Congressional Representative Luis Gutierrez speaks at a press conference on December 15 as he introduces an immigration reform bill, dubbed “CIR ASAP”. More here on the event, the bill and on how you can do your part to support immigration reform.
“The legislation upholds our values as a nation of immigrants and embraces the vitality and diversity that are the fabric of a vibrant and strong society. It truly could not have come soon enough for America’s workers — both immigrant and native born.”
Latoya Peterson writes: “Alongside the Health Care bill, another major piece of legislation working its way through the United States Congress is The Comprehensive Immigration Reform for America’s Security and Prosperity (CIR ASAP) Act of 2009. Designed to rectify a litany of concerns facing those currently immigrating or tangled somewhere along the way in our legal system.” [Read the rest here.]
via Reuters: New York City Mayor Michael Bloomberg pledged on Friday to promote a more open U.S. immigration policy during his third term, much as he made a campaign against illegal guns a hallmark of his second term.
Alex DiBranco writes for Change.org’s Immigrant Rights blog: “Reports of the economic benefits of comprehensive immigration just keep on coming. In the latest, the Drum Major Institute has released an analysis of Rep. Luis Gutierrez’s CIR ASAP bill that comes to the cheering conclusion that its passage will be a win for the middle class.” Read more here.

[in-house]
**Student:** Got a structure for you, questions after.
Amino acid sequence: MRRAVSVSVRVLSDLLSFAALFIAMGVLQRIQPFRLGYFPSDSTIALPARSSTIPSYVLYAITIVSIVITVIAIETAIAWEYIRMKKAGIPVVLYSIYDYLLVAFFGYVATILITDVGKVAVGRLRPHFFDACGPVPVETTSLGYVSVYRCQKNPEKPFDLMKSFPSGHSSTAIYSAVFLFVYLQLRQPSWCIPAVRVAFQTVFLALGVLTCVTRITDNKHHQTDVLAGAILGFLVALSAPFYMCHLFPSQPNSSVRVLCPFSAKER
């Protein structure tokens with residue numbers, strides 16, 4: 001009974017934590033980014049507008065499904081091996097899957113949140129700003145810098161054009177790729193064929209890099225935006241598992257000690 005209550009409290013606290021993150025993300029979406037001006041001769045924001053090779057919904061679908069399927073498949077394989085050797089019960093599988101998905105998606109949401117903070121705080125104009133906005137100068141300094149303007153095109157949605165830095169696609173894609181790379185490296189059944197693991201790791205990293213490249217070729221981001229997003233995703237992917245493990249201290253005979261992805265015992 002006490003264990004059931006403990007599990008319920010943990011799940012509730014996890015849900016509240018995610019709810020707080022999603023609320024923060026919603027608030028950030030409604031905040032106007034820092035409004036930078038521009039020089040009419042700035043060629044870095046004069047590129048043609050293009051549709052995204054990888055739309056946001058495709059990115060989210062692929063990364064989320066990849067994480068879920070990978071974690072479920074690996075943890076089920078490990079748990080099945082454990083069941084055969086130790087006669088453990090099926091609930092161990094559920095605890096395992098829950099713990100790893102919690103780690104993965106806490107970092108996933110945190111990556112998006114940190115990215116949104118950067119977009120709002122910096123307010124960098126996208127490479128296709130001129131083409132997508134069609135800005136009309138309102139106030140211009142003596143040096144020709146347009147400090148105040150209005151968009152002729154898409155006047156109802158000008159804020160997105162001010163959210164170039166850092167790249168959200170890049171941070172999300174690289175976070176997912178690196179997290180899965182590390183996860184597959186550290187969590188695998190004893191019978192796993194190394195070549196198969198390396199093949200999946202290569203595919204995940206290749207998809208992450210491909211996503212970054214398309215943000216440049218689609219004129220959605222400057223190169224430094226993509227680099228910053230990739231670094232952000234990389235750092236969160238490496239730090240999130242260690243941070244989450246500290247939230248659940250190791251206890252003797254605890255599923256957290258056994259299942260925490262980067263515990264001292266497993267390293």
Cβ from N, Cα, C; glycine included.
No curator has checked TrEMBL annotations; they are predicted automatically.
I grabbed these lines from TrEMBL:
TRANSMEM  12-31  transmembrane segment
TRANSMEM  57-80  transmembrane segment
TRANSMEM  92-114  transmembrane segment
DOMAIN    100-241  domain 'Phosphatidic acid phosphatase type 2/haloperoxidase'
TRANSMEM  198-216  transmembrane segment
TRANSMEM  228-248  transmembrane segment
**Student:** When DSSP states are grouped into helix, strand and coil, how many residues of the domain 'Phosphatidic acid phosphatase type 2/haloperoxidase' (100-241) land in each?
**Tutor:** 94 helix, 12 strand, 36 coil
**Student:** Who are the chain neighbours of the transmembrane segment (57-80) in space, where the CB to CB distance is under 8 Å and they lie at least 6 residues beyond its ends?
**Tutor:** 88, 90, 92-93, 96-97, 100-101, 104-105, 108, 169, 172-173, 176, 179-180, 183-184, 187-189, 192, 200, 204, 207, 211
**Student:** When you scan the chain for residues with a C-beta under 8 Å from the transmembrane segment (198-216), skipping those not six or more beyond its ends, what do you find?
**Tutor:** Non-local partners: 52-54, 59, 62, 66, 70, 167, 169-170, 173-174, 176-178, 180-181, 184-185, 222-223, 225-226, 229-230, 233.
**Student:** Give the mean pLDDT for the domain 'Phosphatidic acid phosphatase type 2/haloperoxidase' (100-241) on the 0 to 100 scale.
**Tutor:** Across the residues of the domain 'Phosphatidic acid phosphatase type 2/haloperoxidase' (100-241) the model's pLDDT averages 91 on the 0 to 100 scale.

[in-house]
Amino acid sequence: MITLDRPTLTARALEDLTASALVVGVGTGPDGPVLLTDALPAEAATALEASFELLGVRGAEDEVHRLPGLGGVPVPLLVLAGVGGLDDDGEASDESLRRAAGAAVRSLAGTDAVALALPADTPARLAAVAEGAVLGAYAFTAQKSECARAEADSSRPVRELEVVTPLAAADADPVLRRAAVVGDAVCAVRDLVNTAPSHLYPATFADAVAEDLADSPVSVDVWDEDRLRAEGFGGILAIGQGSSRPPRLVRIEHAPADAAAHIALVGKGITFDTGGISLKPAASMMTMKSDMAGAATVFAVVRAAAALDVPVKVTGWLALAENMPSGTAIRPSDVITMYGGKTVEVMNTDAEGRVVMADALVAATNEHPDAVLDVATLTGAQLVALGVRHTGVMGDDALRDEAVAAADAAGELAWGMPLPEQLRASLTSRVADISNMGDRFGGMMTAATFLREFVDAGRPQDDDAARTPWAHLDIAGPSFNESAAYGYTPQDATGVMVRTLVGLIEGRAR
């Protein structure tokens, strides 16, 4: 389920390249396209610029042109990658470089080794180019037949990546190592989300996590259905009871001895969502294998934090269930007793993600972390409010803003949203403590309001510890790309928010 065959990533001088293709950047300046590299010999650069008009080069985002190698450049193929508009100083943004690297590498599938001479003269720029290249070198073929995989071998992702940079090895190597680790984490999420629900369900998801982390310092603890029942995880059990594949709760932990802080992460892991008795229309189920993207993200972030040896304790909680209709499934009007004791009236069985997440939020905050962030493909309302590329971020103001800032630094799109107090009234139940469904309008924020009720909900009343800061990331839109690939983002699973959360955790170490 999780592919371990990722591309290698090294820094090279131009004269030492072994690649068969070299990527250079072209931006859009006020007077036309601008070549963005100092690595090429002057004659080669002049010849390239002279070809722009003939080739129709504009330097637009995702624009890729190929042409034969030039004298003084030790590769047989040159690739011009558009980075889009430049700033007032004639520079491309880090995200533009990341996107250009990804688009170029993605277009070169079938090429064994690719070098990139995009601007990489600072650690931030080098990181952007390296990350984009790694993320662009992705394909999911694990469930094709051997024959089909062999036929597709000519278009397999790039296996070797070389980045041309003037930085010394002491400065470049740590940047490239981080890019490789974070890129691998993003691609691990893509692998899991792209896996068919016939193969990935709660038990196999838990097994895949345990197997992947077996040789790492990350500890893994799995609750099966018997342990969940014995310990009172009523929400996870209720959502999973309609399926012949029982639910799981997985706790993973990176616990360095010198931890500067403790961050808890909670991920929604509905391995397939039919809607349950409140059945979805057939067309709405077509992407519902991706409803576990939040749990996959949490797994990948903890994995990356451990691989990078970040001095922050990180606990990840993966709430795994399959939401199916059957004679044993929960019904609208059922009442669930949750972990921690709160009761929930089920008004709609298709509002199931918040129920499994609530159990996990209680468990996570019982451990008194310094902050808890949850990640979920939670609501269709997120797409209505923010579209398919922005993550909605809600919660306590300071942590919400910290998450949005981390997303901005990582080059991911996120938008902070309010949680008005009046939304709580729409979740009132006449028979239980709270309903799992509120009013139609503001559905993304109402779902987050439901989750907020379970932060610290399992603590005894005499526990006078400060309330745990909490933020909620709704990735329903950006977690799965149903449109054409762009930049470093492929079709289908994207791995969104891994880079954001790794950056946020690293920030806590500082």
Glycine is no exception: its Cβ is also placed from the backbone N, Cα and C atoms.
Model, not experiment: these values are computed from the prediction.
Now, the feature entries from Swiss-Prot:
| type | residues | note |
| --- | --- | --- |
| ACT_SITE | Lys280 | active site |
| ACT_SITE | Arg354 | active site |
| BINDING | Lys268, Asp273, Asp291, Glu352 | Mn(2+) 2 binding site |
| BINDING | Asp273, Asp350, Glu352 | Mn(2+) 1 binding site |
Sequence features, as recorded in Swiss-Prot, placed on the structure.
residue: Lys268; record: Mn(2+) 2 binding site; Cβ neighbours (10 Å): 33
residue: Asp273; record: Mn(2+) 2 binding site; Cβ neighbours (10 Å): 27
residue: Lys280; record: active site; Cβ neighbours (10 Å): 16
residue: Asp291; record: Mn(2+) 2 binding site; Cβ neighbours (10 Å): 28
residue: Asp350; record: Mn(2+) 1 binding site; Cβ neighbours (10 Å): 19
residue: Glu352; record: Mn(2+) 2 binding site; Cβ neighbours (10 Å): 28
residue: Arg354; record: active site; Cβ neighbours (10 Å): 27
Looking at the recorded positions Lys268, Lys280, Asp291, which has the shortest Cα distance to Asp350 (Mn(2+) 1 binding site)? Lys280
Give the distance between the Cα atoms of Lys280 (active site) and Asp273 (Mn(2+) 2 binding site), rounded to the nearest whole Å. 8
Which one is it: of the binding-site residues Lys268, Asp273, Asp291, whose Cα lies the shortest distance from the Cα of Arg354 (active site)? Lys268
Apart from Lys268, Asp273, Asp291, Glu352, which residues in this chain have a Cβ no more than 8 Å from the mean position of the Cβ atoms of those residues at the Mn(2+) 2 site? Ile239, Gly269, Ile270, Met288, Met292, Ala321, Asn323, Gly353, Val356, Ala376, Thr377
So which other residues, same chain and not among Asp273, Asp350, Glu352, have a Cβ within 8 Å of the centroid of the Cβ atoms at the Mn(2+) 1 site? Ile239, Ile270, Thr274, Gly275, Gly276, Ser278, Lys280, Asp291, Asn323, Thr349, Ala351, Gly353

A new report, “Raising the Floor for American Workers: The Economic Benefits of Comprehensive Immigration Reform,” by Dr. Raul Hinojosa-Ojeda, finds that comprehensive immigration reform that includes a legalization program for unauthorized immigrants and enables a future flow of legal workers would result in a large economic benefit—a cumulative $1.5 trillion in added U.S. gross domestic product over 10 years. In stark contrast, a deportation-only policy would result in a loss of $2.6 trillion in GDP over 10 years. [Read more here.]
Rep. Solomon Ortiz talks to the Houston Chronicle about the House of Representative’s immigration reform bill. Read the article here.
David Gibson writes for Politics Daily: “You don’t fix a bridge during rush hour,” said Jen Smyers of Church World Service. “You fix it now, so when there is an uptick in immigration we’re ready.”
Frank Sharry, the founder and Executive Director of America’s Voice, talks about the two sides of the immigration debate and what Comprehensive Immigration Reform means.
One side believes in “attrition through enforcement,” while the Catholic Church and others believe the current system is out of date. Many immigrants would line up to apply for legal papers, he says, if there was a line for them to get into. “Our system does not allow for enough slots … for those who are coming here to work.”
Pastor Ian Danley of Phoenix, Arizona talks about why he’s marching in DC on March 21: For me, immigration reform is a faith issue, not a political one. I look to scripture for guidance and insight — and the scripture says to protect the stranger and the immigrant amongst us. So I’m coming to Washington, DC to tell politicians that there are moral imperatives in this issue. We are not allowed to continue to take advantage of hard work and labor, while disrespecting the lives and families of undocumented people. [Read the rest here.]
via Sojourners’ Prayer of the Day